I'd take EoH discs any day over drums, especially if hauling in the mountains. I wouldn't let any preconceived notions like those steer me away.

Gdetrailer

PA

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Posted: 06/28/21 05:25pm Link  |  Quote  |  Print  |  Notify Moderator

n0arp wrote:

Gdetrailer wrote:

valhalla360 wrote:

Electric or hydraulic...what?

...
Additionally you now have another hydraulic system that will need to be checked and monitored for fluid levels and contamination and you now have a lot of non standard hydraulic hoses, lines and parts that are not "off the shelf" readily available easy to find parts.
...


The hoses and lines are all standard diameters and fittings, easy to source at almost any automotive store. The only variation is length, and if you are in a pinch you can go in with a longer hose or just cap off that axle and limp on.

The brakes themselves are all based off of old GM designs (https://www.kodiaktrailer.com/wp-content/uploads/2015/08/KODIAK-CALIPER-TO-GM-REFERENCE-741-KB-10.pdf), and nearly all parts you would need available at any auto parts store. The only notable variations would be the coating, and of course the controller/pump and hub adapter. I had a caliper seal fail on the road, and rebuilt it with parts from the local NAPA.


You won't find any of those parts in any of my local autoparts stores, they barely can find the correct auto parts for vehicles let alone size up hydraulic hoses. Those brake hoses, rotors, calipers and brake pads are not standard for any vehicle and without a vehicle brand name, model name and yr they cannot look up any of those parts in their computer systems.. And yes, I am talking about Autozone and such places.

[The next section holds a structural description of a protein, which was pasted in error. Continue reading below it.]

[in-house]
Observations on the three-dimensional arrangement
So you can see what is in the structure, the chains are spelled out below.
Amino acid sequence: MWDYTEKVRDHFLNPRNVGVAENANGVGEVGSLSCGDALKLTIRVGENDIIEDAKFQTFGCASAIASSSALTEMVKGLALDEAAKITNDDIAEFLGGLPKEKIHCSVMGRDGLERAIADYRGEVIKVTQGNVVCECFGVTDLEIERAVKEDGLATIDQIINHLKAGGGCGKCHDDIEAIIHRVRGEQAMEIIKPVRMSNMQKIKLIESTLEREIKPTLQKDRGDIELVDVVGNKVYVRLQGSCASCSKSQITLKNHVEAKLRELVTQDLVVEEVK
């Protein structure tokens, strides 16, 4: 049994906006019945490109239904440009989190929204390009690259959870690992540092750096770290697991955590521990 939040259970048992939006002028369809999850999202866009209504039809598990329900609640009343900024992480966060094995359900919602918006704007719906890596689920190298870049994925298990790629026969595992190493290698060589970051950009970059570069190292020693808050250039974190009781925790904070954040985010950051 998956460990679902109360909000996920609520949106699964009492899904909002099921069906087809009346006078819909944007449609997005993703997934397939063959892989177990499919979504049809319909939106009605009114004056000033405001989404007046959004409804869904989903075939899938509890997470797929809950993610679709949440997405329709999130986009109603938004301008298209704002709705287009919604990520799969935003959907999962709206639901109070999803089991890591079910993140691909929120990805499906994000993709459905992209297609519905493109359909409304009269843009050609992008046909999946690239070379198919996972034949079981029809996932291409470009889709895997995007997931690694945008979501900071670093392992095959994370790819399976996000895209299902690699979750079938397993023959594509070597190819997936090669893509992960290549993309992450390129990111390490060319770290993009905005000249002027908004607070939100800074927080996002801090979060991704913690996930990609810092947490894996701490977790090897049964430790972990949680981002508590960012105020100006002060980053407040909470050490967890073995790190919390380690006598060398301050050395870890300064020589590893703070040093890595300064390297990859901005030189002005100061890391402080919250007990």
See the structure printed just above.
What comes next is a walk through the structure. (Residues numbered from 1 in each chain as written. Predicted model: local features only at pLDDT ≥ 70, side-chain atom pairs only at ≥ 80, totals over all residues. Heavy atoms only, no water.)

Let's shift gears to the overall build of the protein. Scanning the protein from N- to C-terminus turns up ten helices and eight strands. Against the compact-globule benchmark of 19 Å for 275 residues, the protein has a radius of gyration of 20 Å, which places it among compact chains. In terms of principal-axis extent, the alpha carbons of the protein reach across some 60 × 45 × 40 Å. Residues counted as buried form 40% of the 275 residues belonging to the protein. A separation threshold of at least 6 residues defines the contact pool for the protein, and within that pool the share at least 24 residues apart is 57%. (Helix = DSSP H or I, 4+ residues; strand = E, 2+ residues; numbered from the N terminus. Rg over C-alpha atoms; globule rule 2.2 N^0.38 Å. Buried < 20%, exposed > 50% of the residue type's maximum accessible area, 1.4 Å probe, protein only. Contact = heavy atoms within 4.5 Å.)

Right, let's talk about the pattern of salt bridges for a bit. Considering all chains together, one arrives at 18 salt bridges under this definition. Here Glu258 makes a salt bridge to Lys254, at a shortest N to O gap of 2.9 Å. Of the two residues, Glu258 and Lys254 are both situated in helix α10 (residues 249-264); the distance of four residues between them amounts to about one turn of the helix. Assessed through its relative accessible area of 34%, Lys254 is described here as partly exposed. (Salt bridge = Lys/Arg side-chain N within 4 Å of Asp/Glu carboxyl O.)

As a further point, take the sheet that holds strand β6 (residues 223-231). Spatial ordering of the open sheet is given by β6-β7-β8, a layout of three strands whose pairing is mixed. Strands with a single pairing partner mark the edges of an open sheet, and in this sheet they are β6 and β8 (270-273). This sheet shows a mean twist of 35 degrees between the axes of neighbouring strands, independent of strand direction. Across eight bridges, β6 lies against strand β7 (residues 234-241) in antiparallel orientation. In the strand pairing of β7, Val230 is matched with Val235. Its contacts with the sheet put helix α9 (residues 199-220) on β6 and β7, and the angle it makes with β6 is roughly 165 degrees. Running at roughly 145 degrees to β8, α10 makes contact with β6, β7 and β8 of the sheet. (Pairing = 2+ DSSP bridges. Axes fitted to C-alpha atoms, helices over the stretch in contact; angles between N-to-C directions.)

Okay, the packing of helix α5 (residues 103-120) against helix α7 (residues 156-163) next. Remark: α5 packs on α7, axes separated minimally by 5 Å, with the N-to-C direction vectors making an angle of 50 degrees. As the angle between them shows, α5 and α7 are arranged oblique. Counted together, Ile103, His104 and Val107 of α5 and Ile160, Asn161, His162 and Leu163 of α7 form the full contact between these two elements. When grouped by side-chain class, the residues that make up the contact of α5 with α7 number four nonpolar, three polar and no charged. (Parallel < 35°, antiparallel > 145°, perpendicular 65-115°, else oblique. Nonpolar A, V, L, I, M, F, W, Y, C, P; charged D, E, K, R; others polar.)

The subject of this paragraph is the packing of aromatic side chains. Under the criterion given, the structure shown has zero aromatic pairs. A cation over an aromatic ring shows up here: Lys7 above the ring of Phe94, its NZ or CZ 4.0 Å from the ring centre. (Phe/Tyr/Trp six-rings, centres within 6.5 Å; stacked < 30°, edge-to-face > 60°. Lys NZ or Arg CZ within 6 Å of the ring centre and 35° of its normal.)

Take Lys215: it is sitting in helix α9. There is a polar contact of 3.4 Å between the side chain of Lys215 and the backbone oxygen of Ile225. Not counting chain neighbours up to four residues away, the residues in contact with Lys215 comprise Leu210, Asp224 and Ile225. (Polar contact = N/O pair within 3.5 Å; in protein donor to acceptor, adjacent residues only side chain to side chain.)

NAPA if you are lucky enough to have a 50yr old NAPA store may still have old dusty paper books, they may be able to find them but you will pay the NAPA premium price tag for them.

Contrast that to drum brakes where I can find those in stock at Tractor Supply and most any trailer dealer that handles horse trailers, flatbed trailers, enclosed trailers and even have a choice of two different custom trailer builders near me that even have brand new complete axle assemblies in stock.

Additionally, there is zero redundancy with EOH systems, hydraulic line damage, breakage, rust through or failed pump will result in zero brakes on the trailer working..

At least with electric drum brakes if one of the wires to one of the drums break you only lose that drum.. And yes, I have had that happen when I snagged something laying on the road.. At least I had three other brakes that continued to work.

n0arp

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Posted: 06/28/21 05:35pm Link  |  Quote  |  Print  |  Notify Moderator

Gdetrailer wrote:


You won't find any of those parts in any of my local autoparts stores, they barely can find the correct auto parts for vehicles let alone size up hydraulic hoses. Those brake hoses, rotors, calipers and brake pads are not standard for any vehicle and without a vehicle brand name, model name and yr they cannot look up any of those parts in their computer systems.. And yes, I am talking about Autozone and such places.

NAPA if you are lucky enough to have a 50yr old NAPA store may still have old dusty paper books, they may be able to find them but you will pay the NAPA premium price tag for them.

Contrast that to drum brakes where I can find those in stock at Tractor Supply and most any trailer dealer that handles horse trailers, flatbed trailers, enclosed trailers and even have a choice of two different custom trailer builders near me that even have brand new complete axle assemblies in stock.

Additionally, there is zero redundancy with EOH systems, hydraulic line damage, breakage, rust through or failed pump will result in zero brakes on the trailer working..

At least with electric drum brakes if one of the wires to one of the drums break you only lose that drum.. And yes, I have had that happen when I snagged something laying on the road.. At least I had three other brakes that continued to work.


O'Reilly (just one example) stocks generic "BrakeBest" hoses that are universal fitment. The one closest to me in a small town in NW Indiana, shows that they have 71 different ones in stock for in-store pickup today. Go to the store and lay eyes on them, and you'll find what you need. I checked out the selection when buying spare parts to carry in my toolbox a while back. Plenty of valid options as I was able to assemble a kit from what they had on hand.

I found all new seals for one of my calipers at a NAPA in West Yellowstone, MT.